Their sale is at present wholly unregulated and open to widespread abuse.
 
There are two major problems with the status quo. The first is that there is no onus on the breeder to produce health certificates relating to the sire and dam of the puppy. Many pedigree dogs have serious genetic health problems and crossing them with another dog does not mitigate against the puppy being similarly affected. Poodles, which are commonly bred with to produce the designer pup, are also prone to a whole host of genetic problems. They are affected by hip dysplasia and a serious eye condition.
 
The second major problem is that puppy farmers regularly advertise their dogs on the Internet. Potential owners of a pedigree pup dog at least have the chance of securing a dog from a responsible breeder. Those looking for a designer crossbreed might as well be playing Russian roulette. That’s why we’ve decided to back the Kennel Club on this occasion.


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Human Sufferers Speak For Dogs With Same Agonising Condition

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People suffering from a rare but incredibly painful neurological condition are pleading with the Kennel Club to do more to halt the spread of the condition among Cavalier King Charles Spaniels.

Chiari Malformation and Syringomyelia (CM/SM) affect the brain and spinal cord, causing a number of unpleasant symptoms, including searing pain, vision and hearing loss and paralysis. Studies have revealed that up to 70 per cent of Cavaliers are affected because of being bred with skulls too small to accommodate their brains.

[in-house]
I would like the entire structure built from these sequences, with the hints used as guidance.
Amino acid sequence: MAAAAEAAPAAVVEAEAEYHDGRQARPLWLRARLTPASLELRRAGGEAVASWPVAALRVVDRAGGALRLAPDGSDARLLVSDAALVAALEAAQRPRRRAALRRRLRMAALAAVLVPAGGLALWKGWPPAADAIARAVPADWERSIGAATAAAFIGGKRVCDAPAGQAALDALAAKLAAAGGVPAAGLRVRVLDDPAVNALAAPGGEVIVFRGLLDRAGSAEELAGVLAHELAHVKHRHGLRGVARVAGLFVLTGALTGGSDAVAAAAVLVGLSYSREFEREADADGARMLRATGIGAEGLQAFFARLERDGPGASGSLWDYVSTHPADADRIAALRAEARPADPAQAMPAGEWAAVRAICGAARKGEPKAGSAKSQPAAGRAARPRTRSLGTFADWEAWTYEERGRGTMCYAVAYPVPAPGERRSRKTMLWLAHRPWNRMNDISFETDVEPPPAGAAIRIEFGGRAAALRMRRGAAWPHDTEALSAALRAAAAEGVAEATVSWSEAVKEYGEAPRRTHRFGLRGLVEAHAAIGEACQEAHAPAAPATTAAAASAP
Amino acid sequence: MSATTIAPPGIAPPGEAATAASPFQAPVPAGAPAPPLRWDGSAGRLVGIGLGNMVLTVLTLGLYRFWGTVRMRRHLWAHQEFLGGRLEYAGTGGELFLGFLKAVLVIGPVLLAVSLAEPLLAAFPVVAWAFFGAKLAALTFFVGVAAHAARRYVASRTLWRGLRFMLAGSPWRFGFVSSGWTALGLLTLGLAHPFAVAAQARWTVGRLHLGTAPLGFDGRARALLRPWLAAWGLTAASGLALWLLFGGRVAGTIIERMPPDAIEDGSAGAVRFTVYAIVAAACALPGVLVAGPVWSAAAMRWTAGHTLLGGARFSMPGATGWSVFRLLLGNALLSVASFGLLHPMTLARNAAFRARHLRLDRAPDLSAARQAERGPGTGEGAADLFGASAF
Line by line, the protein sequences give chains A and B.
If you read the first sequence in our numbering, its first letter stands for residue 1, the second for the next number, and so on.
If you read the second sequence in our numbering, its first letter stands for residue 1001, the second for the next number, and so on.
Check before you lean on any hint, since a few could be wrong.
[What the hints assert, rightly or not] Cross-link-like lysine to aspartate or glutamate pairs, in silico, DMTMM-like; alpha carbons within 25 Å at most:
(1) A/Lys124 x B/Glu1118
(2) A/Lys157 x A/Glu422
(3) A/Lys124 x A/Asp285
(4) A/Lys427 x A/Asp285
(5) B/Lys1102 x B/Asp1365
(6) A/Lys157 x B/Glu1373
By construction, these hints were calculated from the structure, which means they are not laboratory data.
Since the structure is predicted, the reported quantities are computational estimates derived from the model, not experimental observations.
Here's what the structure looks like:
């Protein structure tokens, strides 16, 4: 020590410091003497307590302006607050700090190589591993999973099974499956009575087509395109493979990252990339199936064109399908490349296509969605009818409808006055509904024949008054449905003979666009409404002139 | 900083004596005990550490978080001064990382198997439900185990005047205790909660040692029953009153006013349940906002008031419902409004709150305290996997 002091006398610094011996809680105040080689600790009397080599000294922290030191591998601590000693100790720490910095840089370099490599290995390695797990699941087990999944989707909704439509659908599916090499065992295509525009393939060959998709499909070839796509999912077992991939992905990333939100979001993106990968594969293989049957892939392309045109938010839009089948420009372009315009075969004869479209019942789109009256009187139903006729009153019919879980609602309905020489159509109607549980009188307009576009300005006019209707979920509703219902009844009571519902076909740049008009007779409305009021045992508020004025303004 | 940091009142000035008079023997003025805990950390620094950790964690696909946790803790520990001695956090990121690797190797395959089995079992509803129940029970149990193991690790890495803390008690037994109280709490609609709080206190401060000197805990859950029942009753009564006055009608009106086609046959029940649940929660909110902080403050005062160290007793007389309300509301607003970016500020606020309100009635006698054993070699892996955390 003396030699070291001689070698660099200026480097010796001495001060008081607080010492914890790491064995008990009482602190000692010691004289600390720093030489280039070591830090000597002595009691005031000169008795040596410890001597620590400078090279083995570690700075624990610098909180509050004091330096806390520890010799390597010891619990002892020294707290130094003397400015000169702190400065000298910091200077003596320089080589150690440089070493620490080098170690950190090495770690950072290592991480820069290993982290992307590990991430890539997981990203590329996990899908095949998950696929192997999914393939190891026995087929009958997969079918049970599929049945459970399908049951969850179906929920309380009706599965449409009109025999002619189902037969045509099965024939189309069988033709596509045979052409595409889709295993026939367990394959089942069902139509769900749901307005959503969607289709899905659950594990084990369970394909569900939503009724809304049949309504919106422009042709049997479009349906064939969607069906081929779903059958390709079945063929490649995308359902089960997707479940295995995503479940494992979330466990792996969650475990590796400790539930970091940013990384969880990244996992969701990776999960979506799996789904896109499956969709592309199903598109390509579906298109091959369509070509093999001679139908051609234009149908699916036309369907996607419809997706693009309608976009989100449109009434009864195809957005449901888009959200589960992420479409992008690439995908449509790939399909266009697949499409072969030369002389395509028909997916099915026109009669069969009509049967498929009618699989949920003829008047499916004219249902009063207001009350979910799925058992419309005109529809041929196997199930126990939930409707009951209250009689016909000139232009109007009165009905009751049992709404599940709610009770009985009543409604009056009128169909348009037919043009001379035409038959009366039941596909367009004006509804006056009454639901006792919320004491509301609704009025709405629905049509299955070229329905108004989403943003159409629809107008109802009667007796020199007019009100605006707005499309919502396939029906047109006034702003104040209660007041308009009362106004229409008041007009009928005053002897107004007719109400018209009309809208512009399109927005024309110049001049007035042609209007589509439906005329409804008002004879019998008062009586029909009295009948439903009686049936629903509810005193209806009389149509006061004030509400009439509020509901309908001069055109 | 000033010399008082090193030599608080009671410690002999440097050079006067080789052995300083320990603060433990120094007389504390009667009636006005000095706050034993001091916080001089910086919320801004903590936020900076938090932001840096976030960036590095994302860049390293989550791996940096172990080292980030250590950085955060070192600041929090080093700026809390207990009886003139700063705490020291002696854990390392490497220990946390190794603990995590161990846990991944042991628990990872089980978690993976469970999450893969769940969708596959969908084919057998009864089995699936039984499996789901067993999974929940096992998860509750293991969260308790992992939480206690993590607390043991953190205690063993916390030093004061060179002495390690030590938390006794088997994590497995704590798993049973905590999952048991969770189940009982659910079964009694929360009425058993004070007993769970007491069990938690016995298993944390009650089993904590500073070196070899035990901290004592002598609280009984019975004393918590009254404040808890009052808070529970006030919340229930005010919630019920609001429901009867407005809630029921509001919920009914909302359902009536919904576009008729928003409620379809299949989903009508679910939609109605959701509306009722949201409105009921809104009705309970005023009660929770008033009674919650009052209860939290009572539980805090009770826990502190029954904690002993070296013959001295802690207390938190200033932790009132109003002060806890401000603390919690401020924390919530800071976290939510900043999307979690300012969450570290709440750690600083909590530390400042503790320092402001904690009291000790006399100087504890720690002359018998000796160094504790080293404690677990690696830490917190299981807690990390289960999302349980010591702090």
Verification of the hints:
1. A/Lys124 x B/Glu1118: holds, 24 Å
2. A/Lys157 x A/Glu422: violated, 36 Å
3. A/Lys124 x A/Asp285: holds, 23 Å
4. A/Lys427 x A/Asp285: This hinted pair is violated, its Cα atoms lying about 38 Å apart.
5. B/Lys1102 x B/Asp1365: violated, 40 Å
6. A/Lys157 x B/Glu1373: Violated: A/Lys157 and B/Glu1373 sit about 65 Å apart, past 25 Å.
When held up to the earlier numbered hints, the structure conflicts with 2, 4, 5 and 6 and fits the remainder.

This week is the KC’s National Canine Health Testing Week (#NCHTW) – an initiative to raise awareness of buying puppies from health tested parents. However the Club has found itself accused of hypocrisy and its social media accounts filled with images from those asking why testing isn’t compulsory for Cavaliers: a breed so badly affected by genetic problems.

Harrowing photographs, including those of patients recovering from brain surgery and close ups of newly stitched shave skulls, have been posted on social media by sufferers. “Some days the pain is beyond excruciating. I can tell you, a dog can’t,” reads the selfie of Lynn Burton, who has been through two major brain surgeries.

“This is a rare and complicated condition. I can understand why many don’t want to acknowledge that it can cause terrible pain for dogs,” she says.

“A major concern of sufferers is passing this to their children. That people breed from dogs without doing all they can to reduce the risks is so sad.”

Lynn added: “I have heard people say that dogs with Chiari Malformation are fine; it doesn’t cause a problem so you can breed them safely. I think perhaps if the people who think like this had experienced the pain associated with Chiari Malformation they may think differently. Chiari Malformation is a congenital condition, meaning we are born with it, rarely is a Chiari Malformation acquired.